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The traditional doctrine that God is impassible (here, invulnerable to suffering) is subject to the objection that it is incompatible with belief that God is loving and compassionate. However, the doctrine that God is passible has grave difficulties as well. I argue that Christian believers should take an analogical approach, by believing that God does something relevantly similar to loving us in a way that involves vulnerability to suffering, and thus conceiving of God as loving us in that way, while simultaneously believing that God is in fact impassible. I conclude with answers to several likely objections.
111. Faith and Philosophy: Volume > 35 > Issue: 4
Dean Zimmerman Ever Better Situations and the Failure of Expression Principles
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William Rowe argues that if an omnipotent, omniscient being were faced with an infinite hierarchy of better and better worlds to create, that being could not also be unsurpassably morally excellent. His argument assumes that, at least in ideal circumstances, degree of moral goodness must be perfectly expressed in the degree of goodness of the outcomes chosen. Reflection upon the application of analogous expression principles for certainty and desire shows that such principles can be expected to fail for anyone capable of facing an infinite range of options.
112. Faith and Philosophy: Volume > 35 > Issue: 4
Therese Scarpelli Cory Embodied vs. Non-Embodied Modes of Knowing in Aquinas: Different Universals, Different Intelligible Species, Different Intellects
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What does it mean to be an embodied thinker of abstract concepts? Does embodiment shape the character and quality of our understanding of universals such as “dog” and “beauty,” and would a non-embodied mind understand such concepts differently? I examine these questions through the lens of Thomas Aquinas’s remarks on the differences between embodied (human) intellects and non-embodied (angelic) intellects. In Aquinas, I argue, the difference between embodied and non-embodied intellection of extramental realities is rooted in the fact that embodied and non-embodied intellects grasp different kinds of universals by means of different kinds of intelligible species (intellectual likenesses), which elicit in them different “modes” of understanding. By spelling out what exactly it means to be an embodied knower, on Aquinas’s account, I argue, we can also shed new light on his mysterious claim that the embodied intellect “turns to phantasms”—the imagination’s likenesses of individuals—in its acts of understanding.
113. Faith and Philosophy: Volume > 35 > Issue: 4
Andrew Brenner Theism and Explanationist Defenses of Moral Realism
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Some moral realists have defended moral realism on the basis of the purported fact that moral facts figure as components in some good explanations of non-moral phenomena. In this paper I explore the relationship between theism and this sort of explanationist defense of moral realism. Theistic explanations often make reference to moral facts, and do so in a manner which is ineliminable in an important respect—remove the moral facts from those explanations, and they suffer as a result. In this respect theistic moral explanations seem to differ from the sorts of moral explanations typically offered by moral explanationists.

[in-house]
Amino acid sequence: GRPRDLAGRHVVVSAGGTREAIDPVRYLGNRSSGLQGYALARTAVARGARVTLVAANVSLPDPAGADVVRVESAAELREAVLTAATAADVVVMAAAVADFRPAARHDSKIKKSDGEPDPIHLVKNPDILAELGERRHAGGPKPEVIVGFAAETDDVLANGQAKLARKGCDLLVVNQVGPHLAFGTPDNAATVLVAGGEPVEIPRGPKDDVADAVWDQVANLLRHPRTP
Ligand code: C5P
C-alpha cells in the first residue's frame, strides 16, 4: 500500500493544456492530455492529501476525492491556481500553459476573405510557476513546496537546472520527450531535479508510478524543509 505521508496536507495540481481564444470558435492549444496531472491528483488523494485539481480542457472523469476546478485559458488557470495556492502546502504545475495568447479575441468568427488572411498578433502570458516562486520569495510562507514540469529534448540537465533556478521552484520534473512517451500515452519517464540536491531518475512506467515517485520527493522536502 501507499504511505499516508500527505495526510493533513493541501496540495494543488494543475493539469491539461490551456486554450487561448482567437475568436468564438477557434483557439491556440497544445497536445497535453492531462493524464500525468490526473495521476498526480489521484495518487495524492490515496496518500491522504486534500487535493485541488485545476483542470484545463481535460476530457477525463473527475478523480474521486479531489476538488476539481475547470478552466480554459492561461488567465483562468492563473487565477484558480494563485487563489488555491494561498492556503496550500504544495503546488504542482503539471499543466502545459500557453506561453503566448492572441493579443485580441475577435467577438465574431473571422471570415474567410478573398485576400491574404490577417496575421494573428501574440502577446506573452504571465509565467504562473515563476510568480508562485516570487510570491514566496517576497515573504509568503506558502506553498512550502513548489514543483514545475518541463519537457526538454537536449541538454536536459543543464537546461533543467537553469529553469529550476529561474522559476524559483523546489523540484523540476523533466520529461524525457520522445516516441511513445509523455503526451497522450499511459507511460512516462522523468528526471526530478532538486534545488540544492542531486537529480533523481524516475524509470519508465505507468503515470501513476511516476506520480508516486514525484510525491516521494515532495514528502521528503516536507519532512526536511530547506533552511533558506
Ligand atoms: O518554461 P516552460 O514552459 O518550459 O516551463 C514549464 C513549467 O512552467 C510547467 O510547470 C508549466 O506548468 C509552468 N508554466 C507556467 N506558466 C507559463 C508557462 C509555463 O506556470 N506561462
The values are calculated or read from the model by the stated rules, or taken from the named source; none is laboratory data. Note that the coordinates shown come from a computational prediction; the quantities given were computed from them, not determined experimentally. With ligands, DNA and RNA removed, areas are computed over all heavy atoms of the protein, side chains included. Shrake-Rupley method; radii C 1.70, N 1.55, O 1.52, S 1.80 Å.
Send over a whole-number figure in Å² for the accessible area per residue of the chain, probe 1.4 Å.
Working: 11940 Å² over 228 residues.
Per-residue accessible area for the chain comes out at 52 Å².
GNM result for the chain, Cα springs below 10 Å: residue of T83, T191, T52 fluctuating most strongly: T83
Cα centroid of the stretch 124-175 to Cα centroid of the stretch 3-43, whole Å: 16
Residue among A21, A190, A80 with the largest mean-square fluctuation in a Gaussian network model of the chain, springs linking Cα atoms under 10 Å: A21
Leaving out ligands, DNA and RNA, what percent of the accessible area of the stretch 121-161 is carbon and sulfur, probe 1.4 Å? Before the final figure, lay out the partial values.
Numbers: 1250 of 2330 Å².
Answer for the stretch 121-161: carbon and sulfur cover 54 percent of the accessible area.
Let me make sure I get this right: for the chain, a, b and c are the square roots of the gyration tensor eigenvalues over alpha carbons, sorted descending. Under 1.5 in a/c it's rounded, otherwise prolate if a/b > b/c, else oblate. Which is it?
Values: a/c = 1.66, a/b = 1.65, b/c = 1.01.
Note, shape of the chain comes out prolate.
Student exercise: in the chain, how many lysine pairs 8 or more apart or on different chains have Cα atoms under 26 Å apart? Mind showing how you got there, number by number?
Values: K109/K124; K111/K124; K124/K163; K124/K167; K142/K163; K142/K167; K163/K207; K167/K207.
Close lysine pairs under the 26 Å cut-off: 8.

114. Faith and Philosophy: Volume > 35 > Issue: 4
J. L. Schellenberg A New Logical Problem of Evil Revisited
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In this article I state concisely the central features of a new logical problem of evil developed elsewhere and take account of a response to this problem recently published in this journal by Jerome Gellman. I also reflect briefly on how theology can play a role in such philosophical discussions.
115. Faith and Philosophy: Volume > 35 > Issue: 4
James R. Beebe Brower and Saenz on Divine Truthmaker Simplicity
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Jeffrey Brower has recently articulated a way to make sense of the doctrine of divine simplicity using resources from contemporary truthmaker theory. Noël Saenz has advanced two objections to Brower’s account, arguing that it violates constraints on adequate metaphysical explanations at various points. I argue that Saenz’s objections fail to show that Brower’s account is explanatorily inadequate.
book reviews
116. Faith and Philosophy: Volume > 35 > Issue: 4
Bryan Cross Roman but Not Catholic: What Remains at Stake 500 Years after the Reformation, by Kenneth J. Collins and Jerry L. Walls
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117. Faith and Philosophy: Volume > 35 > Issue: 4
Kevin Vallier Debating Religious Liberty and Discrimination, by John Corvino, Ryan T. Anderson, and Sherif Girgis
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118. Faith and Philosophy: Volume > 35 > Issue: 4
Alicia Finch Our Fate: Essays on God and Free Will, by John Martin Fischer
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119. Faith and Philosophy: Volume > 35 > Issue: 4
Stewart Goetz God and the Meanings of Life: What God Could and Couldn’t Do to Make Our Lives More Meaningful, by T. J. Mawson
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120. Faith and Philosophy: Volume > 35 > Issue: 4
Eleanor Helms Kierkegaard’s God and the Good Life, edited by Stephen Minister, J. Aaron Simmons, and Michael Strawser